On Thursday and Friday, seven members of the University’s Board of Regents joined with University President Mary Sue Coleman and other University officials in Los Angeles for a series of meetings. These meetings, which were private, took place in lieu of their scheduled public monthly meeting in Ann Arbor. During the trip, they were scheduled to discuss strategies for public funding and the prospects of massive online open courses, or MOOCs, as well as reconnect with California’s alumni network by hosting fundraising events. Despite the possible benefits resulting from the trip, it was unnecessary at this time and further distanced the public from the regents.

University regents traveled to California and met with Robert Birgeneau, recently retired chancellor of the University of California, Berkeley; Stanford University President John Hennessy; and Robert Berdahl, former president of the Association of American Universities. They discussed the future of academia, especially the lack of state funding. Like public universities in Michigan, universities in California have suffered from a crippling drop in state funding, with the state backing only 37 percent of the UC system in 2012. This meeting gives the University the opportunity to learn how to run a premier public institution with significantly reduced public funding. The regents also met with Dan Russell, one of Google’s top research scientists, who proposed that the University invest in Google’s MOOCs. According to Russell, MOOCs have the potential to create a competitive market for teaching, giving the University an edge in innovative education.

Regardless of whether regents’ meetings are held in Michigan or California, they shouldn’t be closed to the public. The regents are publicly elected, and the public should have the opportunity to voice their concerns. In a given year, the regents hold 11 meetings, but as a result of this meeting, there will only be 10 in 2013. Rick Fitzgerald, a spokesman for the University, said that the switch from a public meeting to a private session is due to “scheduling issues.” More of an effort should have been made on the regents’ and University’s part to make this meeting available to everyone. The University has a responsibility to keep their students involved and well-informed, and moving one of the monthly meetings across the country creates a disconnect between the regents and the public they serve.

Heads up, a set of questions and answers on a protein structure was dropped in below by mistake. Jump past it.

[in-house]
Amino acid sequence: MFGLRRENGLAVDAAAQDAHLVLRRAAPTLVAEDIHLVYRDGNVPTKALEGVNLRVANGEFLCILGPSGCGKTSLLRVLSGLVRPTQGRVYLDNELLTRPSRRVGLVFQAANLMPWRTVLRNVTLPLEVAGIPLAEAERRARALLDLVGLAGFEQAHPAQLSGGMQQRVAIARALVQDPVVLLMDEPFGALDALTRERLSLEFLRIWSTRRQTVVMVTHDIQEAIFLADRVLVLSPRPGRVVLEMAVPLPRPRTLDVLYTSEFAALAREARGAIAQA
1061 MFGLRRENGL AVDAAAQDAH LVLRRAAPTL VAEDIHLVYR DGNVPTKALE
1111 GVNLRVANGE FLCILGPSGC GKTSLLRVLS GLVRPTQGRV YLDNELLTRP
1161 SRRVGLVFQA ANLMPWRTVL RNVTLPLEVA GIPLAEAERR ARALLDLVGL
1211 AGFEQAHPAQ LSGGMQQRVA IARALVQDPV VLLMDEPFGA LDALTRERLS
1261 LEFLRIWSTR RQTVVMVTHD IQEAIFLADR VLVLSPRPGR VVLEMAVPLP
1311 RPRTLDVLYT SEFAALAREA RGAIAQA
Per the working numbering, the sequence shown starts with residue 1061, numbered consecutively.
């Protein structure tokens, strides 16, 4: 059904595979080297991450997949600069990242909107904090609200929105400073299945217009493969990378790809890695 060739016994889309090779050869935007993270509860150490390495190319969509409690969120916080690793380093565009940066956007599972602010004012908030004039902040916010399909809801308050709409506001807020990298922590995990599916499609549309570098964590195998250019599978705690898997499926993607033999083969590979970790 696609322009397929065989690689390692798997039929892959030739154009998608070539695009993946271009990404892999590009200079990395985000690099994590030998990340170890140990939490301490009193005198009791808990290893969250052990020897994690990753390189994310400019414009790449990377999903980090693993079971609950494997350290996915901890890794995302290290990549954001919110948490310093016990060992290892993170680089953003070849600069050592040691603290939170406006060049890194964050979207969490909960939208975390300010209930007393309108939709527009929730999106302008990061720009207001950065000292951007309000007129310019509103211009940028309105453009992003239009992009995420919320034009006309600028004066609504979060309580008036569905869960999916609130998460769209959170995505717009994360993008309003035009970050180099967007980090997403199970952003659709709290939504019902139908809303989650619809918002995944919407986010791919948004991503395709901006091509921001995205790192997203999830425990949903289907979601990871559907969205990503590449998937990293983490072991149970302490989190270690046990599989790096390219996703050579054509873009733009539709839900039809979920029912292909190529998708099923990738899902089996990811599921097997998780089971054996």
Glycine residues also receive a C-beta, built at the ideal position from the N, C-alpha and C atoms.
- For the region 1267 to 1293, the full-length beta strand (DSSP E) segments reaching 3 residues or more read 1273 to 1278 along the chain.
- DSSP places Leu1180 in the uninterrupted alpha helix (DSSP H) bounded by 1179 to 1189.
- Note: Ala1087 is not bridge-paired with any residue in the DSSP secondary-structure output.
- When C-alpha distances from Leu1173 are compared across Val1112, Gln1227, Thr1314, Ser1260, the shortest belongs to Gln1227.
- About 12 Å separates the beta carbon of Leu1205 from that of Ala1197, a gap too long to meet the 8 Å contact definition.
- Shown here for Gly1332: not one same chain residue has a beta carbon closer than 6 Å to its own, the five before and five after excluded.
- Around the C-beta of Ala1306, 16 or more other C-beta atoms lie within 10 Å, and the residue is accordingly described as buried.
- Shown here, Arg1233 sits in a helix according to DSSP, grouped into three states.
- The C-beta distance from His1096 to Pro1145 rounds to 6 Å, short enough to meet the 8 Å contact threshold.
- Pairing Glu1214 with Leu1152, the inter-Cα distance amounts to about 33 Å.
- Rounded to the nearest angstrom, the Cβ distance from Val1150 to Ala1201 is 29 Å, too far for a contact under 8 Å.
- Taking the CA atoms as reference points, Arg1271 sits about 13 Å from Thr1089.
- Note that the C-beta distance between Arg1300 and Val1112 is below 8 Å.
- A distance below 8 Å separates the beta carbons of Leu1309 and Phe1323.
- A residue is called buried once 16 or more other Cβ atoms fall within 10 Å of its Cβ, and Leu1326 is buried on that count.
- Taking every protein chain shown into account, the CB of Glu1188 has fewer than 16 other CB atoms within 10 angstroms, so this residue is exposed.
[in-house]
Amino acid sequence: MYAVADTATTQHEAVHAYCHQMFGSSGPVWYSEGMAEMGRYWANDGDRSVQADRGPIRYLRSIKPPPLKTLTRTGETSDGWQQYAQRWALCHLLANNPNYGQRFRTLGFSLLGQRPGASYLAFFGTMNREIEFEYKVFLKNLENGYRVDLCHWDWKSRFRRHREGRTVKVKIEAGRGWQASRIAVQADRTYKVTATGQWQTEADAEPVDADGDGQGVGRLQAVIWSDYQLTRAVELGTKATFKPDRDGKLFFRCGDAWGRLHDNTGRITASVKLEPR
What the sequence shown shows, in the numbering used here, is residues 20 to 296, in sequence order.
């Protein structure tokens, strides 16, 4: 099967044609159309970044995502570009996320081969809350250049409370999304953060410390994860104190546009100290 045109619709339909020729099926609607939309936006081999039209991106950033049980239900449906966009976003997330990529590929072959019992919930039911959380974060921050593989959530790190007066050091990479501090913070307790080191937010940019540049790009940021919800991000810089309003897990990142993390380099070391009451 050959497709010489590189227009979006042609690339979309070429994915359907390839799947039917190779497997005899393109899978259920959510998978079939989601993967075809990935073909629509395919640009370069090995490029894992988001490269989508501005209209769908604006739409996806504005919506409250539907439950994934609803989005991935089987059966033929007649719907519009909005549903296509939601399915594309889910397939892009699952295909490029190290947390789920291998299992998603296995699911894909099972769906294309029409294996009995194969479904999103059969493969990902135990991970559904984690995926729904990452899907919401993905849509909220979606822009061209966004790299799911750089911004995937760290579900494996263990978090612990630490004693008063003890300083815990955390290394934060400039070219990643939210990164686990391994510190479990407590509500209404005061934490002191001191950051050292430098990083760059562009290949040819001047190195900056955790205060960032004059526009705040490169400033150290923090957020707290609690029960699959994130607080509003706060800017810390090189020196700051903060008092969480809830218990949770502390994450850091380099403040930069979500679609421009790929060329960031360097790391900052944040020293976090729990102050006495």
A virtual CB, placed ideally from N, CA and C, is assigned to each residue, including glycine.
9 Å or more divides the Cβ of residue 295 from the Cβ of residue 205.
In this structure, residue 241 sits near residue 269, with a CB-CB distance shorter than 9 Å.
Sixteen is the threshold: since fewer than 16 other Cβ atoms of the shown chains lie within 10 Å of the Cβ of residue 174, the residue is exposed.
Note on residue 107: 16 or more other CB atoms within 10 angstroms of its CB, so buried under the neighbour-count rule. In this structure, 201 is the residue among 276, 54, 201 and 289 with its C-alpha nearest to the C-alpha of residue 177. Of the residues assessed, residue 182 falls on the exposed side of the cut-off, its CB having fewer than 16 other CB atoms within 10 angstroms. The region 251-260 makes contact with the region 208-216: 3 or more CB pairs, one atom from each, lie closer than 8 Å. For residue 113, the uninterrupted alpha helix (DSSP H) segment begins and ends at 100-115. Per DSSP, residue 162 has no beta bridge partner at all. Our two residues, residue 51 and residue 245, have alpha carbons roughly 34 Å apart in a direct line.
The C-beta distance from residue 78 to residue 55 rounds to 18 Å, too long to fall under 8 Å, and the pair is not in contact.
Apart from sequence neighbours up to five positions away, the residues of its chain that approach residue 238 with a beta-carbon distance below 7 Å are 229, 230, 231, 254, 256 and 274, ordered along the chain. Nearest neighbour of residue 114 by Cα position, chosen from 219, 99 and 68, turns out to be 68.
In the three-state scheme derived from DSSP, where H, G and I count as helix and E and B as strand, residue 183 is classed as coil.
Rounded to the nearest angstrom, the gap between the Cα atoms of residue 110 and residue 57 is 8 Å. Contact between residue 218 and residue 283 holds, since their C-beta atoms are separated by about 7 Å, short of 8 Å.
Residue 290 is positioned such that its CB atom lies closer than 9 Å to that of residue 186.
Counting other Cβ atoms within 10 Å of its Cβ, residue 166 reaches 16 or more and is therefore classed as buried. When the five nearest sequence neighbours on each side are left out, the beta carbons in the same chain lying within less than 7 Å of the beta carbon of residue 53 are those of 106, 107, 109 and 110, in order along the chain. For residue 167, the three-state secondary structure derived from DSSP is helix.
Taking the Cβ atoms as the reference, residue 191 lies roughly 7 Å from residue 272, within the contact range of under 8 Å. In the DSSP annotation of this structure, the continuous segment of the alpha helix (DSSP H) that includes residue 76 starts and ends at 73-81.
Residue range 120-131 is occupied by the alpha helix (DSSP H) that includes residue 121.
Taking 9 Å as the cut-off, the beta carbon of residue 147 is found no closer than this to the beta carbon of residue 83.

While in California, the regents will attend two alumni events as honored guests. While the events aren’t technically fundraisers, the regents plan on engaging with alumni in the Golden State in order to encourage giving back to the University. In an interview with The Michigan Daily, University President Mary Sue Coleman said the events will give an opportunity for the 40,000 alumni in California to meet with the leaders of the University, furthering trust in the University. While it’s important for the University to network and fundraise with alumni, visiting formal gatherings in lieu of a public meeting is misguided. The regents may be interested in building confidence with California’s alumni, but their primary job is to build that trust back in Michigan.

The trip does have laudable goals, from learning about state funding to possibly investing in MOOCs. However, it comes at the wrong time and sends a message of exclusion. The regents first and foremost need to be accessible to those whom they represent: students and the public. Private meetings in Los Angeles certainly don’t accomplish this.

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